EPHS Campus Review Tonight. Is a New High School Needed?
When East Providence High School opened in 1952, it received national acclaim as a "showplace of the Northeast for High Schools." With its sprawling two-floor campus, gleaming terrazzo tiling, professional auditorium, large swimming pool and galley and comprehensive academic course offerings, EPHS was a jewel. It remained so for thousands of graduates.
Tonight the East Providence City Council and School Committee will publicly receive and discuss an independent summary and analysis at City Hall on the condition and future of the 65 year old high school on Pawtucket avenue. The City Council has engaged the Slam Collaborative architectural firm along with Frank Locker Educational Planning. The full report will be released tonight at a 6:30 p.m. meeting in city council chambers. Many in the city want the building razed. One thought has a new school being built behind the current school, replacing all of the athletic fields. Presumably, once built, the old school would then be razed and fields could be relocated toward Pawtucket Avenue. A second proposal has a new school being built at the current site of the Pierce Field complex. It is unclear at this point if the football stadium and other ball fields would be able to relocate at the Pierce site.
"The purpose of this analysis is to assess the existing East Providence High School facility relative to its ability to support 21st century learning, how it compares with current Rhode Island Department of Education standards, and its current student enrollment capacity," is an introduction from the report.
The analysis is based on four components: current educational practices, vision for future educational practices, facility enrollment capacity related to RIDE standard and overall facility size related to state standards. The report concludes that "the facility falls short on every measure."
The analysis concludes that the current facility impairs and restricts school operations and educational deliveries. "It will be a bigger impediment as the school aspires to deliver 21st century learning."
The 240,000 square foot building which opened in 1952 has been neglected for several years according to many sources with direct knowledge of city business. Recommendations to spend money and time on school infrastructure needs were generally tough to appropriate under certain city councils and school committees.
In 2013 the High School swimming pool was closed down after receiving preliminary architectural estimates that it could take between $3.7 and $4 Million to repair the pool. "What more do our students have to endure with this latest news about the high school," said one high school staff member. In addition to physical education classes and interscholastic league athletics, the pool was used by several community groups throughout the year. "We were told that the pool is not compliant now with Americans with Disabilities Act standards. We also received a pretty damaging report on the pool's grim list of problems," said then school committee chairman Joel Monteiro in 2014. "A lot of stuff was evidently swept under the rug for years," said Monteiro.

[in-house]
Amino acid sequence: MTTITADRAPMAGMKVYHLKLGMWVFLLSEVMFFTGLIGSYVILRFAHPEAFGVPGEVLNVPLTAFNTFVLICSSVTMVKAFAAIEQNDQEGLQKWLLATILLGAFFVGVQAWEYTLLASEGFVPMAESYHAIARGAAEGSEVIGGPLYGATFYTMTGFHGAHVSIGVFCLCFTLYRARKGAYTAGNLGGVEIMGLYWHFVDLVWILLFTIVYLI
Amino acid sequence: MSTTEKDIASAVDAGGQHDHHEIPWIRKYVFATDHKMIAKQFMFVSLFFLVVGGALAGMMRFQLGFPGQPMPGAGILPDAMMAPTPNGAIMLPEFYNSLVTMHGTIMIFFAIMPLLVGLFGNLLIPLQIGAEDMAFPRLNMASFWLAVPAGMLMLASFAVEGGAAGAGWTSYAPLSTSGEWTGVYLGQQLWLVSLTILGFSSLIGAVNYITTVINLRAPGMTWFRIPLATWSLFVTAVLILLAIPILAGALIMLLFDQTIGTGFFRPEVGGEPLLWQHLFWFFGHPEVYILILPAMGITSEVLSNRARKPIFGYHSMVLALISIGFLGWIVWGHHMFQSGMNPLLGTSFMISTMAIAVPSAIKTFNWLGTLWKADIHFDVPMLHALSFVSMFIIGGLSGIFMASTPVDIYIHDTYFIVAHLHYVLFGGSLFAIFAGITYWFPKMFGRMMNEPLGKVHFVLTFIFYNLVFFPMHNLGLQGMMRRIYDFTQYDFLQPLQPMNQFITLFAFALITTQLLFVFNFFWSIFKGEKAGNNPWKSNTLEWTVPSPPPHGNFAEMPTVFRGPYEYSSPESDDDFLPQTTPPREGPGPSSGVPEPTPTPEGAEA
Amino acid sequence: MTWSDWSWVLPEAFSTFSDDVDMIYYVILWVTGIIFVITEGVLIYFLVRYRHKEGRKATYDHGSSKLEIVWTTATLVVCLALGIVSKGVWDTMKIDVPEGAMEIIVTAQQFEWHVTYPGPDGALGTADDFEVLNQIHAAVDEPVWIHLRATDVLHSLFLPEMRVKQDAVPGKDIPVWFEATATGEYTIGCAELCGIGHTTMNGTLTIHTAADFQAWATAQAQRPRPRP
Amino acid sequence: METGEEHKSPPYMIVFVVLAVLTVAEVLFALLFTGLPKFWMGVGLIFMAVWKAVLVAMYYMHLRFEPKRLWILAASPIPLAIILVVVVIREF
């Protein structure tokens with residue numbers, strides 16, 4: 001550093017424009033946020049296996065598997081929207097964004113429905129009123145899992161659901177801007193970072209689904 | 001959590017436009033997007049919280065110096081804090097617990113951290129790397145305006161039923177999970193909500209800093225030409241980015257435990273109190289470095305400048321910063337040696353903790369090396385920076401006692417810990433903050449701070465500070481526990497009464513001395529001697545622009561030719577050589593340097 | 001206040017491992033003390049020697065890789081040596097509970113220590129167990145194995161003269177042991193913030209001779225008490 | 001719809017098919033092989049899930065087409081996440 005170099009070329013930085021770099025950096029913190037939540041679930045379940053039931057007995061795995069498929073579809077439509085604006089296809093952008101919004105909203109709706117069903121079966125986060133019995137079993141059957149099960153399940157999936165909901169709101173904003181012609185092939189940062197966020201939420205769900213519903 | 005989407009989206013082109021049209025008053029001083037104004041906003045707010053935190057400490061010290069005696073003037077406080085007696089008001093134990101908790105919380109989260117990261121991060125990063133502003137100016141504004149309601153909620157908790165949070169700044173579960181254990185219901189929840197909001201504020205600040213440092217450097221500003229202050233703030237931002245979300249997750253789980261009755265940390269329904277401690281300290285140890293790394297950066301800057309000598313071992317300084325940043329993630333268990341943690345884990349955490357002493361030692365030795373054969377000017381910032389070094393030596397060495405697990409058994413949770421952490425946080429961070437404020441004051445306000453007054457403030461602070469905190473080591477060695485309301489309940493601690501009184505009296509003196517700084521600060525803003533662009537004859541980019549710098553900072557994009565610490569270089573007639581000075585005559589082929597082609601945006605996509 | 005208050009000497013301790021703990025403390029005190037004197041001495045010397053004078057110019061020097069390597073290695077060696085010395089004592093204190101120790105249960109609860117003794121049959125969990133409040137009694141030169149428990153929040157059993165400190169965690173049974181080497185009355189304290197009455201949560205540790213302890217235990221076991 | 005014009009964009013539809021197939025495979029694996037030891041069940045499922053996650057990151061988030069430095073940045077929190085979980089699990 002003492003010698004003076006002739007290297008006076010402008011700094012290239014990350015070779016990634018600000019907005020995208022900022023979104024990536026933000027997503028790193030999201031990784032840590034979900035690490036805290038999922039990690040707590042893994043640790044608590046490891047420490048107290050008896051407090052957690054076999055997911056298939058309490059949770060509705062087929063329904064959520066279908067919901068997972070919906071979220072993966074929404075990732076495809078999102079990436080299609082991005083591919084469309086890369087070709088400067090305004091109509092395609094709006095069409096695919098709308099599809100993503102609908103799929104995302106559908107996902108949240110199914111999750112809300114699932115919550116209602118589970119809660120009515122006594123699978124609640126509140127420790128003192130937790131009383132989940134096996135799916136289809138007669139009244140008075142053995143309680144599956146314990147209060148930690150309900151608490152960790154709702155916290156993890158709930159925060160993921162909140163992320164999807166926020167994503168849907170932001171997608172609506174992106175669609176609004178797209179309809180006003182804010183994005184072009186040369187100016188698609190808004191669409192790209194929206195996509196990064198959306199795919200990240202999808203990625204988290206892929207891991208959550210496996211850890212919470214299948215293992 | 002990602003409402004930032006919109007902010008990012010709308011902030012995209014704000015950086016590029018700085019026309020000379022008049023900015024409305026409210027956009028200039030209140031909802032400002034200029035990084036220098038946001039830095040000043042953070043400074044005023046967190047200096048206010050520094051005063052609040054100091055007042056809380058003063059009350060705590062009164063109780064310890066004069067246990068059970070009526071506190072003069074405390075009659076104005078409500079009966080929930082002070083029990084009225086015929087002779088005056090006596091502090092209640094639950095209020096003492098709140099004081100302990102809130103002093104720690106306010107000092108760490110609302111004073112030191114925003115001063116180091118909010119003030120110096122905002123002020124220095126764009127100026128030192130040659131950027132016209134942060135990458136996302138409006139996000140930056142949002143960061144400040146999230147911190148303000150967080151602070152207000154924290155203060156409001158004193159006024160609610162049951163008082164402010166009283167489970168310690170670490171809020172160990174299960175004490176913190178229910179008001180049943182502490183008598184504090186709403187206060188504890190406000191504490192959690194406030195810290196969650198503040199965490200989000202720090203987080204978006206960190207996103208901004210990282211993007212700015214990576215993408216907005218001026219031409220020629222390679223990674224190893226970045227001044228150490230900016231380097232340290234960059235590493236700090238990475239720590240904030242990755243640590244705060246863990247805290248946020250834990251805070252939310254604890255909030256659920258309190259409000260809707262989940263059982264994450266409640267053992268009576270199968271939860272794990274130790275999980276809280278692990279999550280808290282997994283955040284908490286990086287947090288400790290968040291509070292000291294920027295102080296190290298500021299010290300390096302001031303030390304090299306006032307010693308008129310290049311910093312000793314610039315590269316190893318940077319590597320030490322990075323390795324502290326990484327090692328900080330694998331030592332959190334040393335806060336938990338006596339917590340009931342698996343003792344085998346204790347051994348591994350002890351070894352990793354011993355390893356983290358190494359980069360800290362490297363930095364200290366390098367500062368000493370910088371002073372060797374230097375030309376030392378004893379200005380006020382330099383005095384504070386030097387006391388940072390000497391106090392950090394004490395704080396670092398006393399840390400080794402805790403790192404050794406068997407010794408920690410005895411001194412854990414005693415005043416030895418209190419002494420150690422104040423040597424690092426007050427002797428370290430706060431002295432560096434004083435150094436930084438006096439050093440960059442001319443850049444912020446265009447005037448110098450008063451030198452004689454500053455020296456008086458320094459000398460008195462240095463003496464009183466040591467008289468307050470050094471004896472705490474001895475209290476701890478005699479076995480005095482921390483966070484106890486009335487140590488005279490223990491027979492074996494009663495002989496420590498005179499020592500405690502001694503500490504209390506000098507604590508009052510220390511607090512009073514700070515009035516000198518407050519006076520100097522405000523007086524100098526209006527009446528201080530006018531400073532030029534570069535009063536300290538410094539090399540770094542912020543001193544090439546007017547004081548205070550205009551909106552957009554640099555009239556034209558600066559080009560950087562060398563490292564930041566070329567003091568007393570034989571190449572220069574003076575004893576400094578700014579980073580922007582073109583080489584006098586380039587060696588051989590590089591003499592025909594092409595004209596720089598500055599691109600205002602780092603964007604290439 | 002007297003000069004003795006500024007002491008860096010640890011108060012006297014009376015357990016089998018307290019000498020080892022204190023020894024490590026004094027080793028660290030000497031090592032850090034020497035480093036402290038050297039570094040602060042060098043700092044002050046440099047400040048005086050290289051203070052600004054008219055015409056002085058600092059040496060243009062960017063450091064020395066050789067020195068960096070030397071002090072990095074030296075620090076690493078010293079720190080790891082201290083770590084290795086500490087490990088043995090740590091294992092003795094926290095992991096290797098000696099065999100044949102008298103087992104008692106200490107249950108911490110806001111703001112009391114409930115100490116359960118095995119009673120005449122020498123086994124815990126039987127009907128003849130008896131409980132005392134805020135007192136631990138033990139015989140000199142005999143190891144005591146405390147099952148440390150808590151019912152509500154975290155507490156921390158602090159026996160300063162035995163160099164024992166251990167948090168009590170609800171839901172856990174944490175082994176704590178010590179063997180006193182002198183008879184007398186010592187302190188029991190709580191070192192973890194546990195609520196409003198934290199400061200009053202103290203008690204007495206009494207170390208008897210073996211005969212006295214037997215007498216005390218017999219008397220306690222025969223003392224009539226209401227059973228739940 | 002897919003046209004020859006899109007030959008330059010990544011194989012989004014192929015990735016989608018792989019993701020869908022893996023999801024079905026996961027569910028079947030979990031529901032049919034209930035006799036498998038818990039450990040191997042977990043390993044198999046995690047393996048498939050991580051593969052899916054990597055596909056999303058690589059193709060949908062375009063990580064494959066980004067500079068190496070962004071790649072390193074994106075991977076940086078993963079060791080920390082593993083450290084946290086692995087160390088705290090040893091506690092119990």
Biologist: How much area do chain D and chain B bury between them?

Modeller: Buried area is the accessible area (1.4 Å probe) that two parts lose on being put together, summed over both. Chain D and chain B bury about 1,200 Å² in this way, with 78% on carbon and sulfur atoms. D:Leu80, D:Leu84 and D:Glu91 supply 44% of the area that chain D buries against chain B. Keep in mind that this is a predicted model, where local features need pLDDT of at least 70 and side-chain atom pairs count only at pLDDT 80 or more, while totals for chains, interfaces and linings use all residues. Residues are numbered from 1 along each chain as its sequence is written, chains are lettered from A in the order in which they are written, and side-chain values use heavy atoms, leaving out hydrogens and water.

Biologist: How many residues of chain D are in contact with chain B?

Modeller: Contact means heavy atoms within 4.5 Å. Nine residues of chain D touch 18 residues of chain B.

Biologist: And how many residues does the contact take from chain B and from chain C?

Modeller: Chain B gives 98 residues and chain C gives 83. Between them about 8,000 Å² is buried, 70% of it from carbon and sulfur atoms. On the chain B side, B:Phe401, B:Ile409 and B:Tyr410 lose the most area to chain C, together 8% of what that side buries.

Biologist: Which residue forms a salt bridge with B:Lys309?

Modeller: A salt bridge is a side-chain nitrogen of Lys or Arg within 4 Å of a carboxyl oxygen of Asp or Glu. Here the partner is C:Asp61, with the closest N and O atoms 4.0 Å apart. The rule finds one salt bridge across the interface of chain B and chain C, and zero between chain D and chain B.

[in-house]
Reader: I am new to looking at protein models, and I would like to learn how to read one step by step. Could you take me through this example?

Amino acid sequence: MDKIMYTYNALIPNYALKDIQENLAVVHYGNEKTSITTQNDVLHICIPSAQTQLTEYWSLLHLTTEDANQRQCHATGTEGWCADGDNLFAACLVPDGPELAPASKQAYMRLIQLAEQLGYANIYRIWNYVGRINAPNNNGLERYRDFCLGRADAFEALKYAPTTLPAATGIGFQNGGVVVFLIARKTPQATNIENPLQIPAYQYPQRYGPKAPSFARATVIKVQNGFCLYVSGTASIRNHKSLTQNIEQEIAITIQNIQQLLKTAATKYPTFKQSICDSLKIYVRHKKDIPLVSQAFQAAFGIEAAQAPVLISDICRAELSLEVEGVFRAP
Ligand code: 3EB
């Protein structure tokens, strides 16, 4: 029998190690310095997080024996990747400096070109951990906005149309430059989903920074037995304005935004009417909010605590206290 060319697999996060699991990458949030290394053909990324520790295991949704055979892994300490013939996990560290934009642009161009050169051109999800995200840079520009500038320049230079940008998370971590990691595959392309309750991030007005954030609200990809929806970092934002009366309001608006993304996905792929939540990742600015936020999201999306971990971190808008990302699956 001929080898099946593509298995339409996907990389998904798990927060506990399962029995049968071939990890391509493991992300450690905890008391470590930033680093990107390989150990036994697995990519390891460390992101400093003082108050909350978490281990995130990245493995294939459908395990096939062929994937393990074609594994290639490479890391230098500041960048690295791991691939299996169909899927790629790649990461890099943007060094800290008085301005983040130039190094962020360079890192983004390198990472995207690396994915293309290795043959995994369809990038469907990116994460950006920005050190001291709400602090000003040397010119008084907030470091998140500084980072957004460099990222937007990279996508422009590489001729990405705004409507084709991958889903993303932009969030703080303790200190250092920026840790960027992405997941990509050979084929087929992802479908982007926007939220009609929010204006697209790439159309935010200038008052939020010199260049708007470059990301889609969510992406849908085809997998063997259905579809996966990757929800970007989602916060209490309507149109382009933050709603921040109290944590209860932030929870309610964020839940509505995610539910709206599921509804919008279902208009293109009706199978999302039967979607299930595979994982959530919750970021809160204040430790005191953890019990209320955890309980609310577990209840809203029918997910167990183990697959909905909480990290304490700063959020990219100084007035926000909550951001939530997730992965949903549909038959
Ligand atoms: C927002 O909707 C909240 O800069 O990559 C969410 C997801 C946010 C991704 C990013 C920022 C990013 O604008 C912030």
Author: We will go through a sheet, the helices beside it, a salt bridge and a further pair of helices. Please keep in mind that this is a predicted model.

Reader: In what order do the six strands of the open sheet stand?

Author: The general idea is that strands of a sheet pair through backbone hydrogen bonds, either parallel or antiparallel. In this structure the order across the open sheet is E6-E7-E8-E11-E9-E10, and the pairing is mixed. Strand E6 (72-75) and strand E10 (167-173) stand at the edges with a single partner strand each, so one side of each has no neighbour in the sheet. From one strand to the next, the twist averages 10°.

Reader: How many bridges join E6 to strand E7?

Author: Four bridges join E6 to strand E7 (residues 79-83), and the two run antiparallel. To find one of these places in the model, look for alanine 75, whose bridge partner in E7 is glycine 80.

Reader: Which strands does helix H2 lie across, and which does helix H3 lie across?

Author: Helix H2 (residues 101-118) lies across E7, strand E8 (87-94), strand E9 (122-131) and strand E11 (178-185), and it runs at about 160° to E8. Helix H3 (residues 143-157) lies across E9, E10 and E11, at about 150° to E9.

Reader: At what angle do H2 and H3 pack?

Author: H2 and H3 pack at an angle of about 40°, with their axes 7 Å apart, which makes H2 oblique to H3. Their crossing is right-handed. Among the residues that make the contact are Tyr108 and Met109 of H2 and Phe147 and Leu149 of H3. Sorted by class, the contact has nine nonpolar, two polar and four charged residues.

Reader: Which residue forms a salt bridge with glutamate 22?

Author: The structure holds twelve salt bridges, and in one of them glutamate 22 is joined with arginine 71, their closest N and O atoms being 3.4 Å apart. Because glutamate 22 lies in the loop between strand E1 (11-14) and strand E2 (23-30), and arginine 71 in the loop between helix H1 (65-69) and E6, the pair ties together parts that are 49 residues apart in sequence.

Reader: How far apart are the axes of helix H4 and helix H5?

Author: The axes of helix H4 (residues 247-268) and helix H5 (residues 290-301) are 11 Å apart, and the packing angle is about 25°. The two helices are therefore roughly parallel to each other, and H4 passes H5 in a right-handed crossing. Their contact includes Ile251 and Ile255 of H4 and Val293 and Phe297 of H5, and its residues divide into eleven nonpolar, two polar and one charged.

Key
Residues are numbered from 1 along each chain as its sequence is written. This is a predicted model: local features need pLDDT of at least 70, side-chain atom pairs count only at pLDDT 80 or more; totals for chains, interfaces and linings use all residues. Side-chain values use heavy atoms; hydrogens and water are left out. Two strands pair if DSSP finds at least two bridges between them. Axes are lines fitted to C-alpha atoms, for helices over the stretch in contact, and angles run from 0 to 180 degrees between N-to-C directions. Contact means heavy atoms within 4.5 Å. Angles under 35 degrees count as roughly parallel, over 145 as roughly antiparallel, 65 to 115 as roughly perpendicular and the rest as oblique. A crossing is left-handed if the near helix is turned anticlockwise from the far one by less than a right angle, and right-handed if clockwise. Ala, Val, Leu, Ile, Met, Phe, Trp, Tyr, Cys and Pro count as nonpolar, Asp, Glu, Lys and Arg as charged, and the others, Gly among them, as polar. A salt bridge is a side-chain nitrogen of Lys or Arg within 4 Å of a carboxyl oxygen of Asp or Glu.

In recent years the high school has received millions of dollars in school repairs and upgrades. The schools massive boiler room has relatively new boilers but the problem remains that plumbing and electrical that feed the power plant are beyond repair.
An expanded library, new science lab, new floor tiles throughout the building, new lighting and several other improvements are not expected to be enough to avoid a recommendation tonight that a brand new high school is needed in East Providence.
In a January 2016 city council - school committee meeting, Superintendent of Schools Kathryn Crowley said, "I've worked on and supervised major renovations on schools in four other districts." There are serious electrical and plumbing needs. We do need a professional engineering study. We have one science lab, although a great one, for 1500 students. The plumbing system is all clogged, the underground cavern of the school is amazing. There will be asbestos abatement needed, we have duct tape on some window frames to stop drafty windows, we must do something quickly. We have great teachers, it's the plant that is lacking. In my experience we are talking millions of dollars here. All of the other schools I refer to were not as old as this high school," Crowley added.
Indeed the high school accreditation process had been hindered on the campus infrastructure. "Our academics were a strong point for us. It's the building that needs work," said Crowley.
Although much work has been done on the high school, it appears that city officials were alarmed when getting the formal independent analysis of the school's future. Tonight will begin the long road to determine the future of the iconic Townie high school.